Understanding Cholesterol Levels: The Good, The Bad, and The Ugly

When it comes to our diet and the risk of developing cardiovascular disease, the chemical compound known as cholesterol comes up quite often, and it should. We know now that increased cholesterol in our body has a very evident link to heart diseases. It can cause accumulation of plaque in our arteries, hampering blood flow. And if such a blockage happens in the arteries of the heart, it results in what is commonly known as a heart attack.

But things are not so simple, because all cholesterol cannot be grouped into a single umbrella and isn’t all bad for you. Cholesterol is actually a fat that’s produced by the liver and serves some important bodily functions. In this blog, we’ll help you understand the different types of cholesterol, their optimum levels, and what you should do to keep your cholesterol in check.

What is Cholesterol?

Cholesterol is a waxy fat-like substance that is produced by our liver. It has the following functions:

– It helps to build and maintain the walls of cells

– Aids in production of certain hormones

– Helps in production of bile

– Helps the body synthesise vitamin D

– It aids in metabolism of fat-soluble vitamins

– It insulates nerve fibres

Cholesterol, being a fat, cannot dissolve in water or blood. So, in order to help with its transport throughout the body, it is repackaged into what is termed lipoproteins. Some lipoproteins are large and light, like Low-Density Lipoproteins  (LDL), whereas some are small and heavy, like High-Density Lipoproteins (HDL).

Very Low-Density Lipoproteins (VLDL) are a third type of lipoproteins that include triglycerides. It is the sum total of these three lipoproteins that are termed as Total Cholesterol in the body.

Let us now understand which of these three types of cholesterol is good for you and which one is bad.

Low-Density Lipoproteins (LDL) – The Bad Cholesterol


Since our cells need cholesterol for the aforementioned processes, the function of Low Density Lipoproteins is to carry it from the liver where it is synthesised and into the bloodstream, where it can be absorbed by the cells. And herein lies the problem. If the blood contains too much of LDL, the cholesterol is extracted and deposited on the arterial walls, leading to accumulation and eventual blockages.

This is why LDL cholesterol is called the bad cholesterol, because it can directly lead to heart disease and it constitutes 60%-70% of total cholesterol.

The ideal level of LDL or bad cholesterol should be below 100 mg/dL. Thi can reduce the risk of heart disease considerably.

High-Density Lipoproteins (HDL) – The Good Cholesterol


Contrary to popular belief, not all cholesterol is bad for you. HDL cholesterol works in a way that is opposite to LDL cholesterol. It extracts cholesterol from the artery wells and brings it back to the liver, thereby decreasing LDL levels.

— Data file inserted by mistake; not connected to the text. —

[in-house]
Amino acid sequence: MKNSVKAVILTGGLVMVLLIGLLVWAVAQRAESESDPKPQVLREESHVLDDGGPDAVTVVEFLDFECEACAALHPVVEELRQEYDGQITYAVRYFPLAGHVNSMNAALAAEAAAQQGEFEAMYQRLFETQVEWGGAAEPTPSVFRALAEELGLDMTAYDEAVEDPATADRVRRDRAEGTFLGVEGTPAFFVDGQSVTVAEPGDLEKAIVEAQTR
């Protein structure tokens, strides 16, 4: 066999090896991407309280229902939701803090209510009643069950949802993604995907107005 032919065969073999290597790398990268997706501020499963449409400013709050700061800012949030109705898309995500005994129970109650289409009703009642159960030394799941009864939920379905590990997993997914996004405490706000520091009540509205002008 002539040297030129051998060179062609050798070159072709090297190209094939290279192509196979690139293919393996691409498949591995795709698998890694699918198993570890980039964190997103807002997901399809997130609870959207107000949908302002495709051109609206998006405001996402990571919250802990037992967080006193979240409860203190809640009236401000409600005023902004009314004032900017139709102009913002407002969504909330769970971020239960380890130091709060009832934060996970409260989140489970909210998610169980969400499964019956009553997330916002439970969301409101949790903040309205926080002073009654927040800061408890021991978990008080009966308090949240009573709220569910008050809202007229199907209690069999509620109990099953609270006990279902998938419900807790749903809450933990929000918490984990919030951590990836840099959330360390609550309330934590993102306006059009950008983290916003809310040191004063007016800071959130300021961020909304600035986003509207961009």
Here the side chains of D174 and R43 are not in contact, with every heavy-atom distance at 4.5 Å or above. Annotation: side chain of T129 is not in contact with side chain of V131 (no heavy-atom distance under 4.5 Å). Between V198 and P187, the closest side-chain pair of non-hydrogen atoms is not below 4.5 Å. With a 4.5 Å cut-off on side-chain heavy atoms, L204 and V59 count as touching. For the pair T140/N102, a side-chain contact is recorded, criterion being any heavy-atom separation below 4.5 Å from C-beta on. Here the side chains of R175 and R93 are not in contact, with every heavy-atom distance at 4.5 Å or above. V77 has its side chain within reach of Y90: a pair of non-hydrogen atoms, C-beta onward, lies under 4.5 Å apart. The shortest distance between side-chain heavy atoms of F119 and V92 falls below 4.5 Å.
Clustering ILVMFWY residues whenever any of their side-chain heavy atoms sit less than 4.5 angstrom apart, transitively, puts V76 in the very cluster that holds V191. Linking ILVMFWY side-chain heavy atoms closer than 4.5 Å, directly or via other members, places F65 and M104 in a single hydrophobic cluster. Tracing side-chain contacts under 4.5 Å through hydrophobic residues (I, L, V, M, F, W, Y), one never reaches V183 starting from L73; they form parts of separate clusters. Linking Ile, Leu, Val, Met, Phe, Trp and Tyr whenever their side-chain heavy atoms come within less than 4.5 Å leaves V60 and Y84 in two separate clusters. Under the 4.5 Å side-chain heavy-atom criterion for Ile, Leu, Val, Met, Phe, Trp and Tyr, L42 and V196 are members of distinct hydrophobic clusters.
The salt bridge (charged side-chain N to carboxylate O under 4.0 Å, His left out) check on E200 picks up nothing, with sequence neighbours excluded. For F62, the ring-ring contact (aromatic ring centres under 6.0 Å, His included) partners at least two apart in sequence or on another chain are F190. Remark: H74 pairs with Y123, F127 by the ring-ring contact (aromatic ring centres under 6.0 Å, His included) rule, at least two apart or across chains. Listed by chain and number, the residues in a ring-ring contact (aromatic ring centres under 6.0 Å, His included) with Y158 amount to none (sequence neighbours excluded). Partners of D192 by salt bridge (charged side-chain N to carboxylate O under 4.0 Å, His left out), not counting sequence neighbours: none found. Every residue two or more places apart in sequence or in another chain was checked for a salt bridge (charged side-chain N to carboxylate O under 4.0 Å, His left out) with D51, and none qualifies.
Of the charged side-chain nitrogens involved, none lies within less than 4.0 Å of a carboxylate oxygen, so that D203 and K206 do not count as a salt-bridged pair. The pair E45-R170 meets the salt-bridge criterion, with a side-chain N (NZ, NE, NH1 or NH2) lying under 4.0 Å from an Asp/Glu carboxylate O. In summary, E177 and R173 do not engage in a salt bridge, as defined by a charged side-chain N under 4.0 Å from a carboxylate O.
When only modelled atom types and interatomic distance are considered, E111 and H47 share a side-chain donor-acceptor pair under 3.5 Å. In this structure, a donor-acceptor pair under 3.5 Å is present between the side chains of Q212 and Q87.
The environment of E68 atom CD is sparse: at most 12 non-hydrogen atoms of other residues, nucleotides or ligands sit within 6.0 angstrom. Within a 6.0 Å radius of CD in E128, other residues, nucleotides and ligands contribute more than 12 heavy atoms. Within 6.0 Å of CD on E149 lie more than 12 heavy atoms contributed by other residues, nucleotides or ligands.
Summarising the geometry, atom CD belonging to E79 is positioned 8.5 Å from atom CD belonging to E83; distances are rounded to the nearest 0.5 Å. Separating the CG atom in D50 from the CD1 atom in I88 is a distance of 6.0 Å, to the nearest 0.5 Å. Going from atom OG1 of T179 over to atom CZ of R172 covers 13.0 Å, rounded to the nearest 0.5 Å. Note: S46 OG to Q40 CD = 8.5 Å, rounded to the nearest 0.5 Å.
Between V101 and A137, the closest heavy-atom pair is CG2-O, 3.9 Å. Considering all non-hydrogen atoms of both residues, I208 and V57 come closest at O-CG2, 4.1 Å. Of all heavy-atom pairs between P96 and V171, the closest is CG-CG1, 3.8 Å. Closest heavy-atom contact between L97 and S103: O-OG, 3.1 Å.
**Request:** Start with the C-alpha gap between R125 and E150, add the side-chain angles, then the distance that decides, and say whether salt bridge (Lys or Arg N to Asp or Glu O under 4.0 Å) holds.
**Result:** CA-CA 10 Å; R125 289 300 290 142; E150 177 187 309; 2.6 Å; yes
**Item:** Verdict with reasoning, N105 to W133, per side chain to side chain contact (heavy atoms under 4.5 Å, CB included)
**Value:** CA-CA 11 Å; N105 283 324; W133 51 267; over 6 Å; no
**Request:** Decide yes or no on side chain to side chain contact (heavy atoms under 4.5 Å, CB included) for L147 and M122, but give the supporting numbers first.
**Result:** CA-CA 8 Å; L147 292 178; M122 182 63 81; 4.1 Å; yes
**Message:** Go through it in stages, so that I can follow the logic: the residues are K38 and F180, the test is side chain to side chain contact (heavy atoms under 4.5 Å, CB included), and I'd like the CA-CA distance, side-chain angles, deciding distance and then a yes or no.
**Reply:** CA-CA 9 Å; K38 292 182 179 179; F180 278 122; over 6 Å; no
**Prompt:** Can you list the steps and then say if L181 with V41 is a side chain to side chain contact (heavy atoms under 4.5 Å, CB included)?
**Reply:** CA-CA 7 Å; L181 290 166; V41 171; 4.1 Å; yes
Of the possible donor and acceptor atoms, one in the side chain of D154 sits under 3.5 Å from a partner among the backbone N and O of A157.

And hence it is termed as the good cholesterol, and a higher HDL means a lower risk of heart disease. It constitutes about 20% to 30% of total cholesterol.

The ideal HDL level should be greater than 40 mg/dL



Triglycerides are the third type of cholesterol that are packaged as Very-Low-Density Lipoproteins (VLDL). They are much more difficult to move from the blood vessels and hence can cause plaque accumulation in the arteries. A high triglyceride level is also a predisposition for heart disease.

Triglycerides should be under 150 mg/dL.

Now that you know the difference between good and bad cholesterol, here’s how you can ensure that you eat healthy and keep bad cholesterol at bay and improve your heart health.

Cholesterol Management With Diet


Your diet plays a huge role in maintaining cholesterol levels in your body. If you consume a high amount of saturated fats (present in butter, cheese, red meat etc), you may be putting yourself at risk of high LDL levels and potential heart issues. Reduce consumption of such fats and increase consumption of healthy fats like polyunsaturated fats (Omega-3) and monounsaturated fats (Olive oil, avocados). Here are 11 foods that help lower cholesterol in the blood.

Lowering Cholesterol With Exercise


Knowing which cholesterol is good for health and which cholesterol is bad and following a diet may not be entirely enough to keep your heart healthy. An inactive lifestyle is also a major concern for heart diseases. Therefore, apart from having a balanced diet, also get regular exercise and keep your body physically active to lower LDL cholesterol and increase the good HDL cholesterol.

To ensure that you’re getting the right amount of good cholesterol and limiting bad cholesterol, you can download the FITPASS app and not only find the best fitness studios near you, but also get your very own personal nutritionist with FITFEAST. Our expert dietician will curate the best heart healthy diet


  1. What are the differences between good and bad cholesterol?

HDL is called the good cholesterol because it removes LDL cholesterol from the arteries. LDL is called bad cholesterol because it is deposited in the arteries and is the leading cause of heart disease.

  1. How do cholesterol levels impact heart health?

High cholesterol levels can increase the accumulation of plaque in the arteries, leading to blockage in the vessels and the risk of heart disease.

  1. What are the best ways to maintain healthy cholesterol levels?

Eating a balanced diet, avoiding foods containing saturated fats and exercising regularly are the best ways to maintain healthy cholesterol levels.